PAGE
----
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Latitude: 51.4574 / 51°27'26"N
Longitude: -2.5875 / 2°35'15"W
OS Eastings: 359275
OS Northings: 173318
OS Grid: ST592733
Mapcode National: GBR C9J.RF
Mapcode Global: VH88N.3MFM
Entry Name: The Former Quaker Meeting House
Listing Date: 8 January 1959
Source: Historic England
Source ID: 1202463
English Heritage Legacy ID: 380238
Location: Bristol, BS1
Electoral Ward/Division: Central
Built-Up Area: Bristol
Traditional County: Gloucestershire
Lieutenancy Area (Ceremonial County): Bristol
Church of England Parish: Bristol St Philip and St Jacob with Emmanuel
Church of England Diocese: Bristol
This list entry was subject to a Minor Amendment on 30/11/2016
The Friary Building
The Former Quaker Meeting House
(Formerly listed as The Meeting House, QUAKERS FRIARS)
Former Quaker meeting house. 1747-9. By George Tully. Stonework details designed and supplied by Thomas Paty, also the contractor. Render with limestone dressings and a leaded roof with hipped Welsh slate roof to a Delabole slate
Square open plan. Mid Georgian style. 2 storeys; 3-window range. A symmetrical front with a plat band and moulded, coped parapet, ramped up at the corners. A large, central doorcase has a triple keyed, moulded architrave inscribed 1747, consoles to pediment and a 2-leaf, 8-panel door. Segmental-arched surrounds with sill blocks to flanking 4/8-pane sashes and 3 taller 8/8-pane sashes on the first floor. Similar side elevations each of a 4-window range without doorways. Square lantern has sashes to each face.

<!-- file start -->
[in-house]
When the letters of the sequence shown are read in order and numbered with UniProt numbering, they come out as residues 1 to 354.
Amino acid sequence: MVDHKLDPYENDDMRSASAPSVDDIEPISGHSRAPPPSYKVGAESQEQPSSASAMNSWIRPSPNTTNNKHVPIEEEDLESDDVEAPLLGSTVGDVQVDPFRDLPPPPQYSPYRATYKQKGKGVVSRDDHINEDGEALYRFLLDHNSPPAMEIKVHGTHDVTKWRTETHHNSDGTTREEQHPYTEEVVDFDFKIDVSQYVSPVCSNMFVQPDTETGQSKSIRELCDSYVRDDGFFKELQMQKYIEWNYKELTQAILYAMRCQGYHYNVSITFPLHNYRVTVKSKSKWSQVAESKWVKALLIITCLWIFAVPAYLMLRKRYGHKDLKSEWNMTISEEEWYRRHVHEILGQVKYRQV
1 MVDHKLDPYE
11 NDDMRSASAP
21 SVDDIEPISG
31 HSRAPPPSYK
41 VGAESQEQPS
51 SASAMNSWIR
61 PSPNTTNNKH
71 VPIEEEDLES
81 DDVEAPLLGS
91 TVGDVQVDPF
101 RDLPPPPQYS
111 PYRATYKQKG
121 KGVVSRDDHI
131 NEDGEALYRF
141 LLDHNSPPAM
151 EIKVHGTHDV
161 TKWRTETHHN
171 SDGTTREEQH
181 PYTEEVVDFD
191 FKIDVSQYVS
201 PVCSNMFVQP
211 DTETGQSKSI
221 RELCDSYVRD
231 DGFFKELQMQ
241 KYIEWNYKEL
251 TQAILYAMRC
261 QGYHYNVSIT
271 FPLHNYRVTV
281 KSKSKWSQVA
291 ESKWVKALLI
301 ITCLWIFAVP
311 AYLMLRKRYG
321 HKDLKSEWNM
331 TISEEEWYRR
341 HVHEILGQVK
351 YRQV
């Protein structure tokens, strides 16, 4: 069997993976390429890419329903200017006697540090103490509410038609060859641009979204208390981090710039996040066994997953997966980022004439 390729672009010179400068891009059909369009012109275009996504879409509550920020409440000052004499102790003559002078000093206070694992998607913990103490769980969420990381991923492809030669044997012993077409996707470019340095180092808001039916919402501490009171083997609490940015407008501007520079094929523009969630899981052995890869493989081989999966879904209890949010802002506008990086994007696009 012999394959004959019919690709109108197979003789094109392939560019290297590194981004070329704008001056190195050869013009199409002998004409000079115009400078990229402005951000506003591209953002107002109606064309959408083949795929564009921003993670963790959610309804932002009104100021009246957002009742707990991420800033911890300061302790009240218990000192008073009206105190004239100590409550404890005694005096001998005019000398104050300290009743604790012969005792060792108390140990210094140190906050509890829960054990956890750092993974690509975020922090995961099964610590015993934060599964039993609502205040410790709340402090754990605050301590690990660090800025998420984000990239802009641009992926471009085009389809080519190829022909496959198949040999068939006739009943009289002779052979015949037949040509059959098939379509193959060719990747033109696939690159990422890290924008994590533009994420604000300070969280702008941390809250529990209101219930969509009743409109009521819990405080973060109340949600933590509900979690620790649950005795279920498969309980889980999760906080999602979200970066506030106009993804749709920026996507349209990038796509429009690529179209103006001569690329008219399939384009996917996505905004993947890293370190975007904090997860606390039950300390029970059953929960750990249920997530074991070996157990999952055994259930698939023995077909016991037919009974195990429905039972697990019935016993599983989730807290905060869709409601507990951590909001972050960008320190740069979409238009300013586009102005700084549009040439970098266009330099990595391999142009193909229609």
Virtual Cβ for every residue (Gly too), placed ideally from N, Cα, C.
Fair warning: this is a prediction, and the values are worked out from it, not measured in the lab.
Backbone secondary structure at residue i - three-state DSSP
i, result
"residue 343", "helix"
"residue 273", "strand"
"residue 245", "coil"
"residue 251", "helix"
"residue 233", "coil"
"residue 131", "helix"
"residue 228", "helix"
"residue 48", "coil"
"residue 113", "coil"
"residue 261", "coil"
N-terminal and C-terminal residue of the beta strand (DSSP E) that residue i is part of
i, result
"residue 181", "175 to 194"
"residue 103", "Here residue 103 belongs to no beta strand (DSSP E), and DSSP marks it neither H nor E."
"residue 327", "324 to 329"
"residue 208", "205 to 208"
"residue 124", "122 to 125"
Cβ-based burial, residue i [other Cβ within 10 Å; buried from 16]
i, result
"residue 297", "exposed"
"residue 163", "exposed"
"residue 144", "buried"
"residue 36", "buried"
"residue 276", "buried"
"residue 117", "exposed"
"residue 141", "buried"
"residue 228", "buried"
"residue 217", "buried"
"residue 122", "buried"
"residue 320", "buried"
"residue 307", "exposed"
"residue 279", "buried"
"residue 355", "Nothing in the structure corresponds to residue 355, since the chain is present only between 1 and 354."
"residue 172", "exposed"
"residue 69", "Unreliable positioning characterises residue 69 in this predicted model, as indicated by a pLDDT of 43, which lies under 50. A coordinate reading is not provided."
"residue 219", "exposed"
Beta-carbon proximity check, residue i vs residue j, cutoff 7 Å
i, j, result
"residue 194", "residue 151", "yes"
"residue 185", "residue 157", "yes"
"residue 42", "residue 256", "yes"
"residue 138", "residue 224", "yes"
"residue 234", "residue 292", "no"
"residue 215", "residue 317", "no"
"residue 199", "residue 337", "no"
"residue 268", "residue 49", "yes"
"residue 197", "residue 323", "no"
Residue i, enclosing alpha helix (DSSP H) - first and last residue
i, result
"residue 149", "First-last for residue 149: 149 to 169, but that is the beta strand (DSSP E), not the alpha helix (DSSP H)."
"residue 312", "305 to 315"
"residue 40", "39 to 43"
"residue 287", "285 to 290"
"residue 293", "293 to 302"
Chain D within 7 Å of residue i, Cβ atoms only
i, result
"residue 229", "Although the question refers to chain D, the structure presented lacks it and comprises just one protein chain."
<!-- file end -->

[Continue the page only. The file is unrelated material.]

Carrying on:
INTERIOR: a pedimented inner porch with pilasters and panelled side doors, to a 3x3 bay auditorium, articulated by Doric columns on high octagonal plinths; panelled side galleries to 3 sides between the columns, and keyed, semicircular-arched doorways from the lobby to steps up to them; at the blind W end stood the preacher's desk, in front of a dado and entablature, with stair rails at each end with turned balusters and square newels; central square lantern has a coved ceiling.
FITTINGS: some seating remains in the galleries. The Quakers were established on the site from 1670. An interior of 'noble simplicity' (Ison), restored c1960, with inserted offices. Exceptionally ambitious for a Quaker building and clearly influenced by Wesley's New Rooms (qv).
(Gomme A, Jenner M and Little B: Bristol, An Architectural History: Bristol: 1979: 129; Ison W: The Georgian Buildings of Bristol: Bath: 1952: 62; An Inventory of Nonconformist Chapels...in Central England: Stell C: Gloucestershire: London: 1986: 65).
Listing NGR: ST5927773319
This text is from the original listing, and may not necessarily reflect the current setting of the building.
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